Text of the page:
They look like bones and seem to act like bones. You see them in skeletons, as well, lined up neatly in those medical study skulls. So, are teeth technically bones? In this article we are going to give you the answer to this and tell you a few things that you may not have known about your pearly whites. Let’s answer the question first of ‘are teeth considered bones?’ and we’ll go from there!
So, ARE teeth considered bones?
Well, technically the answer is ‘no’. Teeth have some things in common with your bones but some other aspects of how they function differ quite a bit. Let’s start with composition. Bones are made largely of calcium phosphate and collagen. They are living tissues that go through quite a bit of wear and tear in your life. Teeth, by comparison, are externally made of minerals like calcium phosphate which make up the hard outer layer, known as enamel.
One big difference that you will notice is in regards to what happens when you break a tooth versus when you break an arm. In the latter case, the bone pieces may be realigned and will mend over time. This is not the same case with your teeth, which require the assistance of a dentist when they become damaged. This is not to say that teeth don’t have a lot going for them, though. For instance, that enamel we are talking about is the strongest substance in your body.
That’s right, tooth enamel is the hardest substance in your body and that includes when we compare it to bones. This is because the enamel is 96% mineral in composition. Your teeth are a little different as beneath the enamel they composed of a hard tissue called dentin. This is a living tissue complete with nerves and blood vessels and each one of those teeth is alive.
Are teeth stronger than steel?
Enamel scores at a 5 on the Mohs scale for hardness, making it technically stronger than steel. It is also, however, more brittle. This is why eating with utensils or cracking some yummy nuts doesn’t scratch up your teeth as much as you’d expect, but awkwardly applied pressures such as those from biting open a bottle by twisting up the cap with your teeth can chip or break them.
Can your teeth get stronger?
This is what Fluoride is for and why dentist’s recommend that you start using Fluoride toothpaste early. Fluoride can help to strengthen existing enamel and to fight off early stages of tooth decay. This is very important, because while enamel is the strongest substance in the body, as we mentioned previously it does not mend the same way that a bone does when it is broken. Make sure that you brush them at a 45 degree angle for best results and fluoride coverage and be sure to floss once or twice a day to avoid any erosion from food trapped between your teeth. Keep the enamel that you have strong because once it’s broken then you are in trouble.
So, tooth enamel does not grow back?
No, tooth enamel will NOT grow back once it is broken. At this point, your dentist will come into play to diagnose the best way in which to deal with a compromised filling. It is important that you deal with it quickly, because the dentin inside of your tooth is vulnerable to infection and as the tooth is a living thing, not dealing with it can lead to the tooth dying and requiring extraction. Typical treatments for enamel damage are as follows:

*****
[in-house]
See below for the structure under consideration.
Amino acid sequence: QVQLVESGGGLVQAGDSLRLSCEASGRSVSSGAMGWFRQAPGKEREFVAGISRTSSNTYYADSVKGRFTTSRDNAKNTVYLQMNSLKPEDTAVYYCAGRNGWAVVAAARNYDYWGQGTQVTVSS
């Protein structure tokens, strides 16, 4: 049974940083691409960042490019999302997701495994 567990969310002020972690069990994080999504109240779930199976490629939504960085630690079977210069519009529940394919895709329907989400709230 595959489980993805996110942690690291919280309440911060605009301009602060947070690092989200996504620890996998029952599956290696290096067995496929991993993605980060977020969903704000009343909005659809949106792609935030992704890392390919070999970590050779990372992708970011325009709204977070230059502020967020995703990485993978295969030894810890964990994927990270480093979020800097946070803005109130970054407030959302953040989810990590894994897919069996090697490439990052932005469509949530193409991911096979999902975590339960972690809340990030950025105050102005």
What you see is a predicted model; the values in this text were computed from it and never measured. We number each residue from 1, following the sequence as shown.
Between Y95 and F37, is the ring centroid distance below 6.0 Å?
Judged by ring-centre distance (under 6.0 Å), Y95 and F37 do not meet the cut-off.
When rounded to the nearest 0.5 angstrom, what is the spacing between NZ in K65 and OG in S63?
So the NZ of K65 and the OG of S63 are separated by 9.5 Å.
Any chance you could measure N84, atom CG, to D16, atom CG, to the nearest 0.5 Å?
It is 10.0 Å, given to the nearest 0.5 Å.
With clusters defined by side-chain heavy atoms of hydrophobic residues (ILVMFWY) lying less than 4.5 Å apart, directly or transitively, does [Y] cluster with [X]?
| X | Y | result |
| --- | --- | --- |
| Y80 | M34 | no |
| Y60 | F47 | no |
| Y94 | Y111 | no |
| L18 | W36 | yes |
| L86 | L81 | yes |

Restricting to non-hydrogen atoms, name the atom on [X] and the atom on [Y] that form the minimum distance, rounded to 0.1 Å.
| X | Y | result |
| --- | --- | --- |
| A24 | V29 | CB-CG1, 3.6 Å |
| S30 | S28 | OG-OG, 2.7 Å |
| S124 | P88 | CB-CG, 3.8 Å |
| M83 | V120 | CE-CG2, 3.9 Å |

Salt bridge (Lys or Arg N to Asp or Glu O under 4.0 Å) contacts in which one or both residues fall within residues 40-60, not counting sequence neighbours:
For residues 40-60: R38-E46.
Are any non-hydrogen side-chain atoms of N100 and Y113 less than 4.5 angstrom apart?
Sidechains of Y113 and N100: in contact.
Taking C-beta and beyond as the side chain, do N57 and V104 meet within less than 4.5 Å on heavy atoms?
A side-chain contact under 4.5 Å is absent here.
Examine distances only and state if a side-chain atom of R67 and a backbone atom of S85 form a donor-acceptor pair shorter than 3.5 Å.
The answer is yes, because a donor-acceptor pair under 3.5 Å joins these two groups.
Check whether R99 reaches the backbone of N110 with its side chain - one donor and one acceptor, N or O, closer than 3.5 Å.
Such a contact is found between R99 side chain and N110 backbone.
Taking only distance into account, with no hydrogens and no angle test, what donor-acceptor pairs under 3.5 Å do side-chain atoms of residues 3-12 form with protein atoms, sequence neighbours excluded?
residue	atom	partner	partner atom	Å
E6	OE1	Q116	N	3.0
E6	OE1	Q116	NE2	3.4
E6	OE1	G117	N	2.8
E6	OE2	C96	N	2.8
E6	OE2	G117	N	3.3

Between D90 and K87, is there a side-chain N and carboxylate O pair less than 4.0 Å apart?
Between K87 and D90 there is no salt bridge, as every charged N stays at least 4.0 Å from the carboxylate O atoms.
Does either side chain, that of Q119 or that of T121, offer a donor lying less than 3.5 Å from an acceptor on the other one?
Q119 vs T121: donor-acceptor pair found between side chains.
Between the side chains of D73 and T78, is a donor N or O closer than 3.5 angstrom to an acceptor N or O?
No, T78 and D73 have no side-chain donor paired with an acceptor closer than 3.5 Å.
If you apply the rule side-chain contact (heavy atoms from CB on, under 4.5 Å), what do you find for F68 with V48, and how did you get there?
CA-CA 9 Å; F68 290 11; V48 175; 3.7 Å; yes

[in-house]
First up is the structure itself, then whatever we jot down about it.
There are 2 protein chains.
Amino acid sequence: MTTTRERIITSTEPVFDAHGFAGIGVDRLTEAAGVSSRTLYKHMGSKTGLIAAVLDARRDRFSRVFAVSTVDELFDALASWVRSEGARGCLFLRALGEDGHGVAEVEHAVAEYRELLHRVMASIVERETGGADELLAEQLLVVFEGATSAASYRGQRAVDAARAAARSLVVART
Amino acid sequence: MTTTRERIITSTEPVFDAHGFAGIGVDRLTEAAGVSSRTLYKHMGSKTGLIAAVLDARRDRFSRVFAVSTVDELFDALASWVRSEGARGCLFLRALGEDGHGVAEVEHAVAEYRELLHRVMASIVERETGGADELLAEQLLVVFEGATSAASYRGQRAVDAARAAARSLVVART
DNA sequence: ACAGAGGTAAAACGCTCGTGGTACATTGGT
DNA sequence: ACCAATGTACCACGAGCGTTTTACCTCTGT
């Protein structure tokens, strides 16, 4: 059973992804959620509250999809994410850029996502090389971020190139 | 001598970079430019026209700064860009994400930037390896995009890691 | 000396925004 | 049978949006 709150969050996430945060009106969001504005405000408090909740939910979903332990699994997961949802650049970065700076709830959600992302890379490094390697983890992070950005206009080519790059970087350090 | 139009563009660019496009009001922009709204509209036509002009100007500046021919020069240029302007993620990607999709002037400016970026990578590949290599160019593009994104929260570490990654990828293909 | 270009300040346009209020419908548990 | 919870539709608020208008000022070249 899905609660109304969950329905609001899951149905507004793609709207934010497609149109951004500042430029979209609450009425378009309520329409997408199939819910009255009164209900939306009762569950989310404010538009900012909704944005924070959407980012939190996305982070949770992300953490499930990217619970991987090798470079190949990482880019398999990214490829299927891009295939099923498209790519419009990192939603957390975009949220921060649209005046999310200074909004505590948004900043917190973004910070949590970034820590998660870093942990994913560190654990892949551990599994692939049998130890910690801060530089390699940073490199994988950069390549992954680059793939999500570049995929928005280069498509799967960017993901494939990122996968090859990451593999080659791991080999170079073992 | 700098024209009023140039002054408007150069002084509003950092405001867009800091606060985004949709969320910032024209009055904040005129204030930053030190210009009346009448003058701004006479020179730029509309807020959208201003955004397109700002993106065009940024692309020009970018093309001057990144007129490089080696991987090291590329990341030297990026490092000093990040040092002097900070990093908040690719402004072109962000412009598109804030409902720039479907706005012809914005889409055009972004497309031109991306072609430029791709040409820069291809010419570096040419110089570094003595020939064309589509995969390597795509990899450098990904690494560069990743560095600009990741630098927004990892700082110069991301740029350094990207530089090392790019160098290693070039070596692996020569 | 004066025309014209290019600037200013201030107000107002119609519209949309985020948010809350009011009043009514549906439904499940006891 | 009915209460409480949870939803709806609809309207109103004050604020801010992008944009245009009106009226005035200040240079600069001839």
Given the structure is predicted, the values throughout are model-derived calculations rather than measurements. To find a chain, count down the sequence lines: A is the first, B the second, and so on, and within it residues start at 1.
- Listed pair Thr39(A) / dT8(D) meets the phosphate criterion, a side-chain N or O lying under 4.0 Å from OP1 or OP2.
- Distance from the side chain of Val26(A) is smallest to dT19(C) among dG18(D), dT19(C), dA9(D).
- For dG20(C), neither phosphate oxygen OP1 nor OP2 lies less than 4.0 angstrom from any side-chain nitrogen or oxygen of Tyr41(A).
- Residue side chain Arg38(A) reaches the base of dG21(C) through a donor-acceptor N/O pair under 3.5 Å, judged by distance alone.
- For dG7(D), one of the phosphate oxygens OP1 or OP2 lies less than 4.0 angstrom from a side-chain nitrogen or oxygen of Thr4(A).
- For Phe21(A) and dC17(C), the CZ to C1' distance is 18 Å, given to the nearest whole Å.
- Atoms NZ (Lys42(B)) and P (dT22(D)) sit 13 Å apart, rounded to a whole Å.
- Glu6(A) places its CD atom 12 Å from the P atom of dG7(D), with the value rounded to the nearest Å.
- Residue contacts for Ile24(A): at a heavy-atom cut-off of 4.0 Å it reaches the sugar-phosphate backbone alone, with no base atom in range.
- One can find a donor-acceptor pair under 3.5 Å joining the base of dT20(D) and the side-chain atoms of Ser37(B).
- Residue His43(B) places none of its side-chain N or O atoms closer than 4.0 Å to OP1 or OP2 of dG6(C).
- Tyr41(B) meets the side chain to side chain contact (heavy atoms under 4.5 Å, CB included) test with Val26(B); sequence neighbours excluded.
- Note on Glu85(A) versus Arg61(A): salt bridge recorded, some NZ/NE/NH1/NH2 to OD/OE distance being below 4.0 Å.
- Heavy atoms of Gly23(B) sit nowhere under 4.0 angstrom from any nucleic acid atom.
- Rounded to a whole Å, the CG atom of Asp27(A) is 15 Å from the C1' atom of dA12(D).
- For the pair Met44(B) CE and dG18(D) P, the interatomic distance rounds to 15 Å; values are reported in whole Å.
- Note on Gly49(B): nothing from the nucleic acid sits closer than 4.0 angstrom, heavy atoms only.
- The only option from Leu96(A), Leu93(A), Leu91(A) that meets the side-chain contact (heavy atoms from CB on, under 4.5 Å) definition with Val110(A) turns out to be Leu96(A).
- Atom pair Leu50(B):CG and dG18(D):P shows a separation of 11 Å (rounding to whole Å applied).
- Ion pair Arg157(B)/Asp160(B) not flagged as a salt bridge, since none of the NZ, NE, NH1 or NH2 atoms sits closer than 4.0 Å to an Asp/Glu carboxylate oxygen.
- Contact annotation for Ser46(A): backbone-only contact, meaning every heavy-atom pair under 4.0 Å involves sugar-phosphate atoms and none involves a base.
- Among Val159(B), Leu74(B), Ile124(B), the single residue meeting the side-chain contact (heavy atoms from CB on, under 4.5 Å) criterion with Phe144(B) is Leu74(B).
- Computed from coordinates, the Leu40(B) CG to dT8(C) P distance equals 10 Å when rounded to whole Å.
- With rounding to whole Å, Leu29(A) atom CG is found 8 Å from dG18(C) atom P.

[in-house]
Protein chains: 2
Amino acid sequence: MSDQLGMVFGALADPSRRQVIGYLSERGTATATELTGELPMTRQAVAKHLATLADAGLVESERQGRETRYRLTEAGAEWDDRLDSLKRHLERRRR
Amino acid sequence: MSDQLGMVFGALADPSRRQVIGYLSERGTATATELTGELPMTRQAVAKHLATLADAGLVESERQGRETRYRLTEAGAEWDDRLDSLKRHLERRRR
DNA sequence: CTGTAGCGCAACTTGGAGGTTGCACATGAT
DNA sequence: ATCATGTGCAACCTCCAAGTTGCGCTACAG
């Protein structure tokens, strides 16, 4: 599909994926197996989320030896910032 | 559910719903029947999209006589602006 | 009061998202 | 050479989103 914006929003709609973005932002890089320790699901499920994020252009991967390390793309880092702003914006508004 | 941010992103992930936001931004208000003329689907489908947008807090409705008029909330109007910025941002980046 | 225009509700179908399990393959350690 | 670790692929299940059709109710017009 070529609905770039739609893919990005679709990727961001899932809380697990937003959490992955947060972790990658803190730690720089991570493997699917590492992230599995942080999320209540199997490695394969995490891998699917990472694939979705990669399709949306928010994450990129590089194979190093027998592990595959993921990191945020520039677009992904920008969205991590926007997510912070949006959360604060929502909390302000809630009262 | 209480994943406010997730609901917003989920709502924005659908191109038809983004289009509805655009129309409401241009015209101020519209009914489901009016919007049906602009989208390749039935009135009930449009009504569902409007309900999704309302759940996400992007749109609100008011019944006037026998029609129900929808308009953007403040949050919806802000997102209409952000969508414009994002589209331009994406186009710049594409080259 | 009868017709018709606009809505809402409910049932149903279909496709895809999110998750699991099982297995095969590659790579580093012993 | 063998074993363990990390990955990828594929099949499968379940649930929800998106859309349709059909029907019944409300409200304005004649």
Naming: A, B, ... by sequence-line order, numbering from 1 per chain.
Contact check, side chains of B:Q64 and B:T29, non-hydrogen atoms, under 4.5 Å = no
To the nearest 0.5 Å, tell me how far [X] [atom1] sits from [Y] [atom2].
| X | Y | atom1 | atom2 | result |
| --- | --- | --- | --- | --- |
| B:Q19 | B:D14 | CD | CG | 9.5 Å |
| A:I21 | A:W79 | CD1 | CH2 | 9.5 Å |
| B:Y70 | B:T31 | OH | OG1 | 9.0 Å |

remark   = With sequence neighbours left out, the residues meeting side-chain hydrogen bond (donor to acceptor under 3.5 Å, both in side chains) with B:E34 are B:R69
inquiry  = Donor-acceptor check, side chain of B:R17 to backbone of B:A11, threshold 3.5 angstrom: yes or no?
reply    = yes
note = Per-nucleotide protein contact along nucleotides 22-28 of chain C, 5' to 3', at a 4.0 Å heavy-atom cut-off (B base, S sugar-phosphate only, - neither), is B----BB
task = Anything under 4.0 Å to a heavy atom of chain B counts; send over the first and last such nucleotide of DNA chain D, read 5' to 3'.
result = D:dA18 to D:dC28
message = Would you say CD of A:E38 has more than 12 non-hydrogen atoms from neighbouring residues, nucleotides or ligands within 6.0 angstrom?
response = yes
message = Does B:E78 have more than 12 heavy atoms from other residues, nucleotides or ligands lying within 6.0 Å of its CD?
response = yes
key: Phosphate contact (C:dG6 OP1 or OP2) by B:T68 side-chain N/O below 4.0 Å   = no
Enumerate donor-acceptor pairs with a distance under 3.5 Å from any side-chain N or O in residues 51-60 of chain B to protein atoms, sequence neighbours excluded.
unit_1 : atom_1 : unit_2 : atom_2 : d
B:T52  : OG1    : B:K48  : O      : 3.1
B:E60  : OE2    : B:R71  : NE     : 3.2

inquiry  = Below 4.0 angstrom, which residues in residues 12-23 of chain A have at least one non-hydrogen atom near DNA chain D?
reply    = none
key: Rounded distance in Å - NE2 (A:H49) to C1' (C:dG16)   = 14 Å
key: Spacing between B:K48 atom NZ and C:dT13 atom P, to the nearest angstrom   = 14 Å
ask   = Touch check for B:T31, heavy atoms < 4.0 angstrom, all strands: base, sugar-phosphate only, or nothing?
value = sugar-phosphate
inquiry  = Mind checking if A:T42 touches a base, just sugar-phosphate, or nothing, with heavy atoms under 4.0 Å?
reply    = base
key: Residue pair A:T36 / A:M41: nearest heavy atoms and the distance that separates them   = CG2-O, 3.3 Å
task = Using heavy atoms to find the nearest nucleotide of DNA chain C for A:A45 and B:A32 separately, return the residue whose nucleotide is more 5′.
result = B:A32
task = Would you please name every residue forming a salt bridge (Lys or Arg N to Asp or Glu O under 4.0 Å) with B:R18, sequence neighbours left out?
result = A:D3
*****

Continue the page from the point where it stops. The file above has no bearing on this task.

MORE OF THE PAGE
- Bonding – Bonding is a process where your dentist etches the damaged spot so that a bonding adhesive may be applied, allowing for the application of tooth-colored resin. The resin is then hardened with the application of a special light which your dentist has so that it hardens to an appropriate texture. This process is also known as a ‘composite filling’ or a ‘white filling’.
” The resin is then hardened with the application of a special light.”
- Filling -Standard fillings come in a variety of types, such as silver amalgam (the most common, quite durable and inexpensive), Glass ionomer (popular for kids, this filling ‘leaks’ fluoride and may be combined with composite resin), Gold (the longest lasting), and Porcelain.
- Crowns – In some cases, the tooth may be shaved down a little and fitted with a protective ‘crown’. Many different materials may be employed for this, although porcelain is usually the most popular choice as it lasts a long time and mimics the appearance of a natural tooth quite effectively. Gold is another popular choice for crowns and lasts the longest (sometimes up to 15 years or more) but as it does not match the color of the regular tooth it is not as aesthetically pleasing an option to some (although it is perfect for back teeth!)
What happens to teeth when you die?
Remember how we said that your teeth are the hardest substance in your body? When you die, the bacteria that was trying to get your teeth in the first place cannot live on for very long, and without the natural onslaught of tooth decay that hard enamel sticks around. This is why you often see extremely ancient skeletons with a great set of pearly whites still set in the skull. Your teeth are THAT durable… but you’ve got to take care of them!
Some final words
Today we have answered the question as to whether or not teeth are considered bones. While they are NOT bones, they have some similar properties and some bonuses all their own. Sure, they don’t heal like regular bones, but their high mineral composition is literally stronger than steel. So take care of those pearly whites and keep that enamel strong and you can keep that wonderful smile well throughout (and beyond) your lifetime. Practice good oral hygiene, see your dentist regularly for checkups and cleanings, and their longevity is practically guaranteed!